Data is more important than ever and the intelligence it provides can structure lesson planning to have more impact in a broad range of students. Flip that coin over and schools and their leaders believe the the best way to get that data is via assessments. Lots of assessments.
As a father of a middle school student I speak from experience. My daughter is assessed constantly.
Language Arts and Math alone make up at least three assessments a week, at about four hours of class time. Not to mention the time spent at home studying for the test. That doesn’t include other assessments that land about once a month like DEA testing or TCAP Prep.
But why? Although it is generating data, who gives a rats butt when there is no educational time left in the day to use it?
As an educational society, we have given up on being creative and teaching our children, and given way to the belief that Assessments are Teaching which couldn’t be farther from the truth. I will even go as far as to state that the manner in which we assess our students today is the biggest hinderance to educational advancement we face.
If you look at the amount of quality hours in teaching a week, add in two hours a night for homework, and then divide the amount of time spent on assessments, you will find that about 20-25% of our time is dedicated to assessments alone. 20-25%! I think that is absurd. All for data that could be captured in a multitude of ways outside of assessments and releasing the time for deeper more meaningful instruction.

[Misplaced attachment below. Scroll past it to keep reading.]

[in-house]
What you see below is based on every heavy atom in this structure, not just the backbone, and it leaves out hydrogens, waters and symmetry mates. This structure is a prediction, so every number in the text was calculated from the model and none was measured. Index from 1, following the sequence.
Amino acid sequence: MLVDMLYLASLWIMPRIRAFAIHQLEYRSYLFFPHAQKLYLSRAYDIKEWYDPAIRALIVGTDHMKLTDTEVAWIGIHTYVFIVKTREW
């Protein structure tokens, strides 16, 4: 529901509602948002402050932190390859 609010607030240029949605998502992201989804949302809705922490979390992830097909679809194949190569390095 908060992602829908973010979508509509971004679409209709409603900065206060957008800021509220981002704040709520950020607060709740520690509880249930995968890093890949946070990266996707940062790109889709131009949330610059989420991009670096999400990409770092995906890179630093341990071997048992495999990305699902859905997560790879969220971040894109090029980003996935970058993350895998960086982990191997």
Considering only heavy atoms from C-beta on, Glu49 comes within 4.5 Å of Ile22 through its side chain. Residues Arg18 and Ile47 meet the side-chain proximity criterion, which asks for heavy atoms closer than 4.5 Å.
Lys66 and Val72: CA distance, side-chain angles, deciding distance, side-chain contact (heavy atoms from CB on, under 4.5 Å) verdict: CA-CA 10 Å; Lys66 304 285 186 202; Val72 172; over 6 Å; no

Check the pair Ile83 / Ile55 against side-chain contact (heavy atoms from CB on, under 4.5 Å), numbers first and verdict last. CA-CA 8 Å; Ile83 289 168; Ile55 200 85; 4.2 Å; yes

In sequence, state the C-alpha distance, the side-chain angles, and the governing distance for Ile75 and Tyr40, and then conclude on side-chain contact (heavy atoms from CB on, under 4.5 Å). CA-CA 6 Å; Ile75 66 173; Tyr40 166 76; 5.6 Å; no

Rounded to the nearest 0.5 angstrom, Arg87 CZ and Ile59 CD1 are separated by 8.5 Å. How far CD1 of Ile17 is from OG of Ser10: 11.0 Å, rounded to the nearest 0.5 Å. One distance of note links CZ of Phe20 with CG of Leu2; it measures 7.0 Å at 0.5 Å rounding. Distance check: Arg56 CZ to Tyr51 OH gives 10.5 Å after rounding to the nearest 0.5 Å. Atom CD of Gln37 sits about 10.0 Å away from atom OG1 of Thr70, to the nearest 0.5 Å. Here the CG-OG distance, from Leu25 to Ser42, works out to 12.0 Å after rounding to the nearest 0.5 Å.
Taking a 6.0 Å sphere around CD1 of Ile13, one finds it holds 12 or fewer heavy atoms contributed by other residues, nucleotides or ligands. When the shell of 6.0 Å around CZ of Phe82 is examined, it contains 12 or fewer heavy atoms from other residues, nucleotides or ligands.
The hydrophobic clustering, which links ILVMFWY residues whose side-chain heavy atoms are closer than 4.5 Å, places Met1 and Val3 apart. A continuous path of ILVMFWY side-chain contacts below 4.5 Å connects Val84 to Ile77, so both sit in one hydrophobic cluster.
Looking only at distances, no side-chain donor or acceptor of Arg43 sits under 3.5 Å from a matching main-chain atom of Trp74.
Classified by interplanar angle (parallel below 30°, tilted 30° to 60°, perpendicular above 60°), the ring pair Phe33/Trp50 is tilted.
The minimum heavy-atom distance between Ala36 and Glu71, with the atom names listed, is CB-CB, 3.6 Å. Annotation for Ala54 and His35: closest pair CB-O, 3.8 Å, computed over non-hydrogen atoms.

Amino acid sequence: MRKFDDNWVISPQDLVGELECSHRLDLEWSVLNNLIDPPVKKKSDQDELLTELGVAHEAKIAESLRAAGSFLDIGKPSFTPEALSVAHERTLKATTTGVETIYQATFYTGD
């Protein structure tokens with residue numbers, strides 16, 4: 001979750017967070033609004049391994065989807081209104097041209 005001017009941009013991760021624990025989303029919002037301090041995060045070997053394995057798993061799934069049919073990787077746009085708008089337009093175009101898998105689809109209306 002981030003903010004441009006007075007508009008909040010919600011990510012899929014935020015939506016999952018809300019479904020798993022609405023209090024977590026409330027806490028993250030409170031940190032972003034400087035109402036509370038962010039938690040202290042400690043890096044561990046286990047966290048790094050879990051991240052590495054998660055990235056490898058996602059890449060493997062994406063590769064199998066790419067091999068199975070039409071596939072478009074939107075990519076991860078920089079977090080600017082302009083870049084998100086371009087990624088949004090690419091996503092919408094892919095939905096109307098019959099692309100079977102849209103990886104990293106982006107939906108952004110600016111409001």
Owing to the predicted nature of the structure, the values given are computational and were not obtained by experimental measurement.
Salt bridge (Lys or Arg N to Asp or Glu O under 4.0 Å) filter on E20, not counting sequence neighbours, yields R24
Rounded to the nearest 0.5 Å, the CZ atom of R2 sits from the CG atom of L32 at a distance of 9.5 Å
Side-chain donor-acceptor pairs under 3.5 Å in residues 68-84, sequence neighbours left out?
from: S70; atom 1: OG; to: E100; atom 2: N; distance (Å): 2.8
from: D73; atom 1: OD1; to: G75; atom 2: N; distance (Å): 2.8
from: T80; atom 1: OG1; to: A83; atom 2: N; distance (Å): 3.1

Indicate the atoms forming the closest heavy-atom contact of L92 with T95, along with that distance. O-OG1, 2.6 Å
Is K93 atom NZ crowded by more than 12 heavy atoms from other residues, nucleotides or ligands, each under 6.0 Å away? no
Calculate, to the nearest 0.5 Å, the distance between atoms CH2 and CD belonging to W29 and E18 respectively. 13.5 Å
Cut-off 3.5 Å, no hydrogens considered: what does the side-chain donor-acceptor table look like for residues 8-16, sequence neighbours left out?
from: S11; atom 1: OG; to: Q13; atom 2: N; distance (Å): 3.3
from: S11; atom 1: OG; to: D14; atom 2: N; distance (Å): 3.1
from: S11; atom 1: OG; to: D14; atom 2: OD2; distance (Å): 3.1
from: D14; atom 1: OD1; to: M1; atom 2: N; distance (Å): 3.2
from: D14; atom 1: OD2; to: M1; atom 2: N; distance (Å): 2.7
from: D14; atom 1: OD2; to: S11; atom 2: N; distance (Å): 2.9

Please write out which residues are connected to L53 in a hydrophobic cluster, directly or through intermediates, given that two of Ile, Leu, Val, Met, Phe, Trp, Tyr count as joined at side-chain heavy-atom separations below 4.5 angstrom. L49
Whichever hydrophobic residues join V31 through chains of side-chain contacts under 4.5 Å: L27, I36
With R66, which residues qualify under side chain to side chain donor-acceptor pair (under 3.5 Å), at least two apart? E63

Now, let me be perfectly clear. I do not place this on the teachers. Not at all. They have to do this as school systems have created an environment that these assessments are the lifeline to their careers. I do place heavy focus to the upper level administrations and state DOE’s for these issues. Federal DOE right in the mix. Plain and simple, its bad policy.
These entities have taken the art of teaching our children and made it about a number instead of a learned skill.
We have moved into a place where are kids are no longer individuals but statistical points of data on a graph that is being compared to other countries.
We are creating “like” learners instead of allowing creative strengths to flourish and concerning ourselves with stabilizing the norm in lieu of celebrating the exceptional when in truth, all students are exceptional.
Assessments are not teaching.
If we want to be the best education system in the world we will start teaching again and stop this over assessment nonsense.